• SBA: Sana’a-based authorities. This is the anodyne abbreviation occasionally used instead of the Houthis. The Yemeni rebels are officially called Ansar Allah, which leads to more shorthand: AA. SBA is mostly used by the World Food Programme, which paused much of its food distribution in Houthi-controlled areas in December. A recent Famine Early Warning Systems Network analysis warned that “some SBA areas” could see emergency levels of food insecurity in the coming months. 
  • FFNPT(I): There’s FFSR, FFFsR, and the FFNPT. Yet the civil society campaign to phase out fossil fuels, the Fossil Fuel Non-Proliferation Treaty Initiative, has somehow resisted the urge to shorten. Climate activist Harjeet Singh, formerly of ActionAid and Climate Action Network International (CAN-I), recently joined.
  • GISF: The Global Interagency Security Forum, a UK-based NGO network focused on managing security risks and staff duty of care. Their recent briefing looks at security in urban responses.

End quote|

“Only asking for a little bit. $3.1 billion, please.”

Martin Griffiths, UN emergency relief coordinator

Asking for money can be awkward. How about asking for billions? 

Humanitarian leaders are trying out a new approach to appeals and fundraising in 2024: restraint. Faced with donor pressure to shrink the size of appeals, they’re asking for less, and trying to stick to what they do best.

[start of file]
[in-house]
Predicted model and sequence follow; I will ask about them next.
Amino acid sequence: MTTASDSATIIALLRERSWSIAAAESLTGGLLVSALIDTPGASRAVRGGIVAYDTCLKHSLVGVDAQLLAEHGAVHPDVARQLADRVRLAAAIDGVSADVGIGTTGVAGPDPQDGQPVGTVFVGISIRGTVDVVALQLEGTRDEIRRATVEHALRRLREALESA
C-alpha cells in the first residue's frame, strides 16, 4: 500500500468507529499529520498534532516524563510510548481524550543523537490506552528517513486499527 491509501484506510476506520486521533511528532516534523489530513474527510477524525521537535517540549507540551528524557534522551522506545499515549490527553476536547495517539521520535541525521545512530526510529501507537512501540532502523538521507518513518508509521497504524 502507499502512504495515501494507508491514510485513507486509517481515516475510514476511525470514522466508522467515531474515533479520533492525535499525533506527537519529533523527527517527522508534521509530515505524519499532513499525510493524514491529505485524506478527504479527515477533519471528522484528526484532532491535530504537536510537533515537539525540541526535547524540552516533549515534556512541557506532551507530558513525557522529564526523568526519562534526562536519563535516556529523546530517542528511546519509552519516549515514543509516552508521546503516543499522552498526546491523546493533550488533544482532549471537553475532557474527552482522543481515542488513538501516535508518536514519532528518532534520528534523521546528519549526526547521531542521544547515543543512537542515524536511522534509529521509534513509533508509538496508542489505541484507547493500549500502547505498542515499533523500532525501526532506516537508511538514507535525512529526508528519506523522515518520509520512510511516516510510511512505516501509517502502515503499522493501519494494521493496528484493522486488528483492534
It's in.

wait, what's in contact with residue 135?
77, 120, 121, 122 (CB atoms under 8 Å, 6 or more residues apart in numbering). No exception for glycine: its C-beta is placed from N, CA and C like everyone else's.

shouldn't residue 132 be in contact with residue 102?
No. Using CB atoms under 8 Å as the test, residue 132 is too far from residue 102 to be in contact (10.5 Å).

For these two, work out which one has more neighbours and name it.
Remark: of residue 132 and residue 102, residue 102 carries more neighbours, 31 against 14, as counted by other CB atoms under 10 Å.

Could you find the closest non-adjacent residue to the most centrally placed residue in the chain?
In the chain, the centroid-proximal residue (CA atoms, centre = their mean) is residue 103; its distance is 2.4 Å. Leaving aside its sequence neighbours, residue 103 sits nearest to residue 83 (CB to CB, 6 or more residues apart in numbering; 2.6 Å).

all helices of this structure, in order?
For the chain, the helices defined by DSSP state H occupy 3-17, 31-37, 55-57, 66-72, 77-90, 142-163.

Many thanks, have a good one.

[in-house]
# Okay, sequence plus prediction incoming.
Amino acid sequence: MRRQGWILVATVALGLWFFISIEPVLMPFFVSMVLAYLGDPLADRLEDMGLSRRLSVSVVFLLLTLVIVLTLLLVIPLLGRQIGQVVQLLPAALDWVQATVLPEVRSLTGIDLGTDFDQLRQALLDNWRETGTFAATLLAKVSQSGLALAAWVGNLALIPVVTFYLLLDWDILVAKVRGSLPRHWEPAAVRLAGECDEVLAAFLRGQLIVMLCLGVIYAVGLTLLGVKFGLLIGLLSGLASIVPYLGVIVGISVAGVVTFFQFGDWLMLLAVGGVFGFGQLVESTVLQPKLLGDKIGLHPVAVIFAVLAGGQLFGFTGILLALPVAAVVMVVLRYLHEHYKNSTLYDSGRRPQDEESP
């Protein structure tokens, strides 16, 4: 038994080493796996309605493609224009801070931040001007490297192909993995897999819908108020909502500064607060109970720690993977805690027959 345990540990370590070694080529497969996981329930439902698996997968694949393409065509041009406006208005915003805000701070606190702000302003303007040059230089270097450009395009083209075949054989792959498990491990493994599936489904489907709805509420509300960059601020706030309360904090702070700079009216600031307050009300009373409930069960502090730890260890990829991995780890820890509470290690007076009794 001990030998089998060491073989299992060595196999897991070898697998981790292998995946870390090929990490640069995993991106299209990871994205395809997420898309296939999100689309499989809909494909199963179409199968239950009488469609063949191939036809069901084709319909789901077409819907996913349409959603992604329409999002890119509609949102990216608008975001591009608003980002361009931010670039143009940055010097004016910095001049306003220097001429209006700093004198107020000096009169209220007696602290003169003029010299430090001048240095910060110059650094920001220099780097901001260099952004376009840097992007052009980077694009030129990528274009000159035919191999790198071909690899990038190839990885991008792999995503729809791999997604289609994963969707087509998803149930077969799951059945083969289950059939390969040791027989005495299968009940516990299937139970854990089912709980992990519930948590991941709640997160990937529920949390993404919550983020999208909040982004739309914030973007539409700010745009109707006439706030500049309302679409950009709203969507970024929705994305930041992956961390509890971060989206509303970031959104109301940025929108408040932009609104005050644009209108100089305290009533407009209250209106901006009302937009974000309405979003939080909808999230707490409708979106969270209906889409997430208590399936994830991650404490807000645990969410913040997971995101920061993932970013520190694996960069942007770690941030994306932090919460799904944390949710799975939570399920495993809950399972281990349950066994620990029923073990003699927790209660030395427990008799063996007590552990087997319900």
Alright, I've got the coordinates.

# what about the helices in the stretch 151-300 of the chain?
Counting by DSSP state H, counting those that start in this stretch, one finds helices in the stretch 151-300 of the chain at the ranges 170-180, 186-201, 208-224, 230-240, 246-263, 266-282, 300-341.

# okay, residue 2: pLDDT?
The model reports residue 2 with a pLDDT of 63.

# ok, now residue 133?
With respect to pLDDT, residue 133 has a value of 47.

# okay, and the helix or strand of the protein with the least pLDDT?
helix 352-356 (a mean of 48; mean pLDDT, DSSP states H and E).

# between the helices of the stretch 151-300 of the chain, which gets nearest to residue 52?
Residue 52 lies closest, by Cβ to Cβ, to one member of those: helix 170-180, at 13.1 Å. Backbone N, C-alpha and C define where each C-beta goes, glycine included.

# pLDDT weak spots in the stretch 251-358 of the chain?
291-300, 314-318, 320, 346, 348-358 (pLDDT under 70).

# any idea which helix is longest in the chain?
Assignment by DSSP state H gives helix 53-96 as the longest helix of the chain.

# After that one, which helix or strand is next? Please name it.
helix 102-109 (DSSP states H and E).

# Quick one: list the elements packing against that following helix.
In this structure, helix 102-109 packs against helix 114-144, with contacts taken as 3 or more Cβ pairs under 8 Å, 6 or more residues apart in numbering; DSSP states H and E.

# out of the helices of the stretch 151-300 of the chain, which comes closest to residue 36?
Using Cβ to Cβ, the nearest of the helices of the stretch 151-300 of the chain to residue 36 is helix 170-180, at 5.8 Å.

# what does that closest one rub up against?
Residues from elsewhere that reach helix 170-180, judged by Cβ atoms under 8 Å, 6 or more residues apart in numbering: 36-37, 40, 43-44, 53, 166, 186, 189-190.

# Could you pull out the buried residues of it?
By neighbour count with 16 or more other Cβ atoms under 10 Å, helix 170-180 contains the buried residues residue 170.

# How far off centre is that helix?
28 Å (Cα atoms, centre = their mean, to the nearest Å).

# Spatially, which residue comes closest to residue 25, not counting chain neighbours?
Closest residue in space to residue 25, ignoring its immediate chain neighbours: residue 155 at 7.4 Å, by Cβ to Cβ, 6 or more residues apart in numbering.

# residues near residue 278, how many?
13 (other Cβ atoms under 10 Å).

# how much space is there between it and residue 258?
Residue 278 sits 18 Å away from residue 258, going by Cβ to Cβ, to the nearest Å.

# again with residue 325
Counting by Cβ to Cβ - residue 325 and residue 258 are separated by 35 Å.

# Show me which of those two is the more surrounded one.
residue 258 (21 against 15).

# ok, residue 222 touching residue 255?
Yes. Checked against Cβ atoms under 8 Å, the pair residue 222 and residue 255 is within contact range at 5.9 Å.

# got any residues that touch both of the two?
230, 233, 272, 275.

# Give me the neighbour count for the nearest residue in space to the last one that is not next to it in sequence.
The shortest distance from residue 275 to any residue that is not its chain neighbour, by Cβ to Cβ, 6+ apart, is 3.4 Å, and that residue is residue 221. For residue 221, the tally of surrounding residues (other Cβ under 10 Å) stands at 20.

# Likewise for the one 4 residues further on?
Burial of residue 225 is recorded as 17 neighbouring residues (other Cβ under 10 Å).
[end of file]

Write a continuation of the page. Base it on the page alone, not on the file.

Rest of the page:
But that still means billions of dollars in emergency appeals to launch, as UN relief chief Martin Griffiths knows. He told reporters this month that humanitarians are “begging for attention for Ukraine” (and its combined $4.2 billion appeals). On the same day, he helped launch the WHO’s emergency appeal ($1.5 billion).

The UN’s migration agency, IOM, also launched its first-ever global appeal ($7.9 billion). The refugee agency, UNHCR, starts the year looking to fill a $6 billion funding gap. UNICEF is asking for $9.3 billion in funding. Then there are all the other agencies and NGOs, and some 35 individual appeals for country or regional plans.

The sector leans into its funding shortfalls to raise awareness and money. Some say it’s a self-defeating cycle that has to change. But with donor budgets tight and tens of billions of dollars to raise, aid leaders are still searching for the right balance.

The Inklings newsletter: Have any tips, recommendations, or indecipherable acronyms to share? Get in touch: [email protected]

Share this article

Get the day’s top headlines in your inbox every morning

Starting at just $5 a month, you can become a member of The New Humanitarian and receive our premium newsletter, DAWNS Digest.

DAWNS Digest has been the trusted essential morning read for global aid and foreign policy professionals for more than 10 years.

Government, media, global governance organisations, NGOs, academics, and more subscribe to DAWNS to receive the day’s top global headlines of news and analysis in their inboxes every weekday morning.

It’s the perfect way to start your day.

Become a member of The New Humanitarian today and you’ll automatically be subscribed to DAWNS Digest – free of charge.

Become a member of The New Humanitarian

Support our journalism and become more involved in our community. Help us deliver informative, accessible, independent journalism that you can trust and provides accountability to the millions of people affected by crises worldwide.